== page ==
On the Road Again II

GRANADA, Nicaragua
December 23, 2011

We've each had reason to be happy to stop off in this city for a few days. For me, it's because I'm glad to now have the sense of feeling back out on the road in travel-mode again. I spent my first ten days in Central America laying low in a small Costa Rican university-town waiting for Irina's term to finish; I'm glad to be on the move. For Irina, she's clearly happy to be out on vacation and away from familiar routine. After spending her last four months in Costa Rica she was itching to be anywhere outside of that country. I had proposed beginning our journey by working our way slowly out of Costa Rica by first visiting areas within the country, but she nixed that idea immediately. We instead made a beeline for the Nicaraguan border as soon as Irina's courses finished.

Irina at Border Town
of PeƱas Blancas
We haven't made it very far into this country. The city of Granada is our first stop in Nicaragua. It's one of those cities rich with both character and history so is an attractive place for casual travelers like us to pause. The Spanish first established Granada some 500 years ago. Today, the city is still filled with elaborate colonial-era buildings painted in range of soft, bright colors. A more recently built, yet still lovely, church has domes towering over the central plaza. We hadn't specifically planned to spend any amount of time here--but have been swept in by the pleasant atmosphere. We're likely to be here for about a week.

I'd never heard of it before making this trip, but have found this city is certainly well-entrenched along the beaten traveler path. Plenty of establishments are capitalizing on Granada's appeal to capture their share of the tourist dollar. A strip of restaurants and bars offering menus in English and dishes such as spaghetti and cheeseburgers runs through the center of town. We tend not to patronize those places desperately appealing to western tastes with bands covering "classic rock" or offers of "double-shot 2x1 drink deals"--though we have become regular patrons of a couple of the many pleasant coffeehouses around Granada.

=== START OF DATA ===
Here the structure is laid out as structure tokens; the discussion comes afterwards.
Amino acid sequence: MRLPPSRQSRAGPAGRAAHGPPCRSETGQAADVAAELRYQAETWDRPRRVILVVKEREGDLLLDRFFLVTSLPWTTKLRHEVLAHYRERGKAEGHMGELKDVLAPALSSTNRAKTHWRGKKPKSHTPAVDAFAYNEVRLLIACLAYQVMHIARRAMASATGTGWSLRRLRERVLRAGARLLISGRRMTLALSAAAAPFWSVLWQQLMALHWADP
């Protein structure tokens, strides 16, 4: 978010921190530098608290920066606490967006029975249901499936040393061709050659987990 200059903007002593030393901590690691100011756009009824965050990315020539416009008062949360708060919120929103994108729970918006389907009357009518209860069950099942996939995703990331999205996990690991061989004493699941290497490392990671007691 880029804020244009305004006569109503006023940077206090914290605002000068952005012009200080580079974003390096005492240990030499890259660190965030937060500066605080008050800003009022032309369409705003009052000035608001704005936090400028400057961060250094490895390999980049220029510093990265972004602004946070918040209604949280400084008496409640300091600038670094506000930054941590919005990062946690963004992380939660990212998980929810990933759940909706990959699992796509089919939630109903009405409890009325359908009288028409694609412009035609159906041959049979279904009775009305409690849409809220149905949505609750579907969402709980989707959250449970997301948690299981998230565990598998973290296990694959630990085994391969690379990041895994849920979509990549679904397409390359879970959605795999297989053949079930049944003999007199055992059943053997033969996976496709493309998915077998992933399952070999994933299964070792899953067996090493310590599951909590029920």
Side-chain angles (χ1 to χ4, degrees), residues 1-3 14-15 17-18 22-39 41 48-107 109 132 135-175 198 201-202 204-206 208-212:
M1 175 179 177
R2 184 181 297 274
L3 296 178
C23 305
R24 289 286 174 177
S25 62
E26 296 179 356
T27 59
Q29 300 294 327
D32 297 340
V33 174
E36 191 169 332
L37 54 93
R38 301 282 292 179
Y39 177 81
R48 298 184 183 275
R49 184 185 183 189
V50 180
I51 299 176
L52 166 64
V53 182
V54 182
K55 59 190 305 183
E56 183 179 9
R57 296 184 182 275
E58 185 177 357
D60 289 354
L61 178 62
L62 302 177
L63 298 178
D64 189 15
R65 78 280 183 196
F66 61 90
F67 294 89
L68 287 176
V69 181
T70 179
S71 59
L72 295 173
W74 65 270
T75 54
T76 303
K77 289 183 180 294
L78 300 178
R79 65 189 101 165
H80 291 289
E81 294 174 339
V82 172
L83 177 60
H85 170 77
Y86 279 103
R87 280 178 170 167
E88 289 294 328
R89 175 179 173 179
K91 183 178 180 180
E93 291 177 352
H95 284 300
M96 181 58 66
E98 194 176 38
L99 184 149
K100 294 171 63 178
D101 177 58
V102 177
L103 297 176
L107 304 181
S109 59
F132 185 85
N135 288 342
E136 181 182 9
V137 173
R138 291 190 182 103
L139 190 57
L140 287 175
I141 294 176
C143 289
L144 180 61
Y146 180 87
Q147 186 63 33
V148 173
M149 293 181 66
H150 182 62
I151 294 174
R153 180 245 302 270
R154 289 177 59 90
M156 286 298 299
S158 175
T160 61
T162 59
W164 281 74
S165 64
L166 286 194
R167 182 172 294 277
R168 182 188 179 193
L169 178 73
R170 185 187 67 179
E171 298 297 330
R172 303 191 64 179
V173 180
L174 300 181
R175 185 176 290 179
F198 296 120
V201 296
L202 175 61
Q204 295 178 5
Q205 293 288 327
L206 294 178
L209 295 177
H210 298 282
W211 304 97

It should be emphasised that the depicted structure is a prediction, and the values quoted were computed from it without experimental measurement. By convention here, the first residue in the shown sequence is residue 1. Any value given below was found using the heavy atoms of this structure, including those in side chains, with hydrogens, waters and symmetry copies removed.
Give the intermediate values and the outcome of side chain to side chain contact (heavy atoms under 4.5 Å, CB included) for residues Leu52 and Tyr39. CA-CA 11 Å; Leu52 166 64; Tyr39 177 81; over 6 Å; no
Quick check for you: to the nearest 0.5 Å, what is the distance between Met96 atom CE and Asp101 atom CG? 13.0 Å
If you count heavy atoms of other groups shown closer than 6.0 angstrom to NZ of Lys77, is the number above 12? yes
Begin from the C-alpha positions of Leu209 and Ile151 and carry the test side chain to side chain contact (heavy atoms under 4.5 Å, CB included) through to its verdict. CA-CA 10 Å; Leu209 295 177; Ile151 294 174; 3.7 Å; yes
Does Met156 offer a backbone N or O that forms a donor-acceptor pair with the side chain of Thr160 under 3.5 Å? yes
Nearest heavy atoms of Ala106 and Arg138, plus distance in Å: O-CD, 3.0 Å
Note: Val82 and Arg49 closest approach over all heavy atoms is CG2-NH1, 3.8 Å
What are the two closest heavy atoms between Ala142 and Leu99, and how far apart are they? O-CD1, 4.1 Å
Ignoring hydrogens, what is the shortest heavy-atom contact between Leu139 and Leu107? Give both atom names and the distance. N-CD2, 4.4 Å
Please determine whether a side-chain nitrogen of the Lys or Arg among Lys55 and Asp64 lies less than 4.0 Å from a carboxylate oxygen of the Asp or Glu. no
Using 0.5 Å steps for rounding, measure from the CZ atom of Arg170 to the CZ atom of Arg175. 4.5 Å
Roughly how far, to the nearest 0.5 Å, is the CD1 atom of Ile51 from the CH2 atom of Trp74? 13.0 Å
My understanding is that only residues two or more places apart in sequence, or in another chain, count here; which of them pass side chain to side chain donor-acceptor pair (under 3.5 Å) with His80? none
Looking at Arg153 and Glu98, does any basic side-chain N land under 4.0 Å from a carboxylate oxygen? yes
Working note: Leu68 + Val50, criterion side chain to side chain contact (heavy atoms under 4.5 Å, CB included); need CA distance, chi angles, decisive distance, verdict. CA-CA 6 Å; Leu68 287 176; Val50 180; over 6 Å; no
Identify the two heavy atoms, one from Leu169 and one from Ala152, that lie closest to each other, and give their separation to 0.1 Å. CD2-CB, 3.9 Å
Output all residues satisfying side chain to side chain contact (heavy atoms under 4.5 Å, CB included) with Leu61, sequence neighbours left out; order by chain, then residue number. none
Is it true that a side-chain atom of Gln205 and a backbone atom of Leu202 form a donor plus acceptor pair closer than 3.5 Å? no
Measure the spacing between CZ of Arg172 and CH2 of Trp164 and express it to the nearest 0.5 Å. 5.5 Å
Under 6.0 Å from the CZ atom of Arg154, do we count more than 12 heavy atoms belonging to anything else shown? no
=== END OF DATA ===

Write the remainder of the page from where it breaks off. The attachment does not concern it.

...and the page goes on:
David Along Shore
of Lake Nicaragua
One such place dubs itself the "Chocolate Museum". On display are fairly thorough exhibitions detailing the growth and production process of cacao and its transformation into the familiar forms we find chocolate in today. But, what I found more appealing than reading long statistics about worldwide chocolate consumption was the setting itself. The Chocolate Museum was housed in a large old building surrounding a central courtyard of tropical plants. The menu included a drink based on a more traditional recipe for preparing chocolate: a frothy slurry mixed up with cornmeal. That flavor combination was good, though not as tasty as the sweet iced-cacao drink Irina ordered.

Most of our other meals around town have also had ingredients indigenous to the Americas at their core. We usually head to the central plaza for dinner. A dish called "vigoron" served up by kiosks and carts dotting the fringes of the main square seems to be made from a pile of steaming hot cassava root topped off with cole slaw and pork cracklings. A "nacatamal" is cornmeal mush with chile pepper, onion, and choice of meat rolled up inside. I wouldn't expect the ingredients throughout Central America to vary much, but Irina insists that everything back in Costa Rica is bland and boring--so is happy to find fresher, better offerings on this side of the border.

Hot Dog Pushcart
We have an additional reason to stay on in this town in addition to soaking up the ambience and sampling the local food. Irina has some research papers to finish writing by the end of the year. That's been a nice excuse for me to slip off and explore the city on my own. It allows her time to focus on her studies. I more often than not end up somewhere like the Chocolate Museum for another local treat.

We'll be here in Granada for some days longer. Then, our next stop will be either the big capital city of Managua or another city of similar colonial era to where we are now: Leon.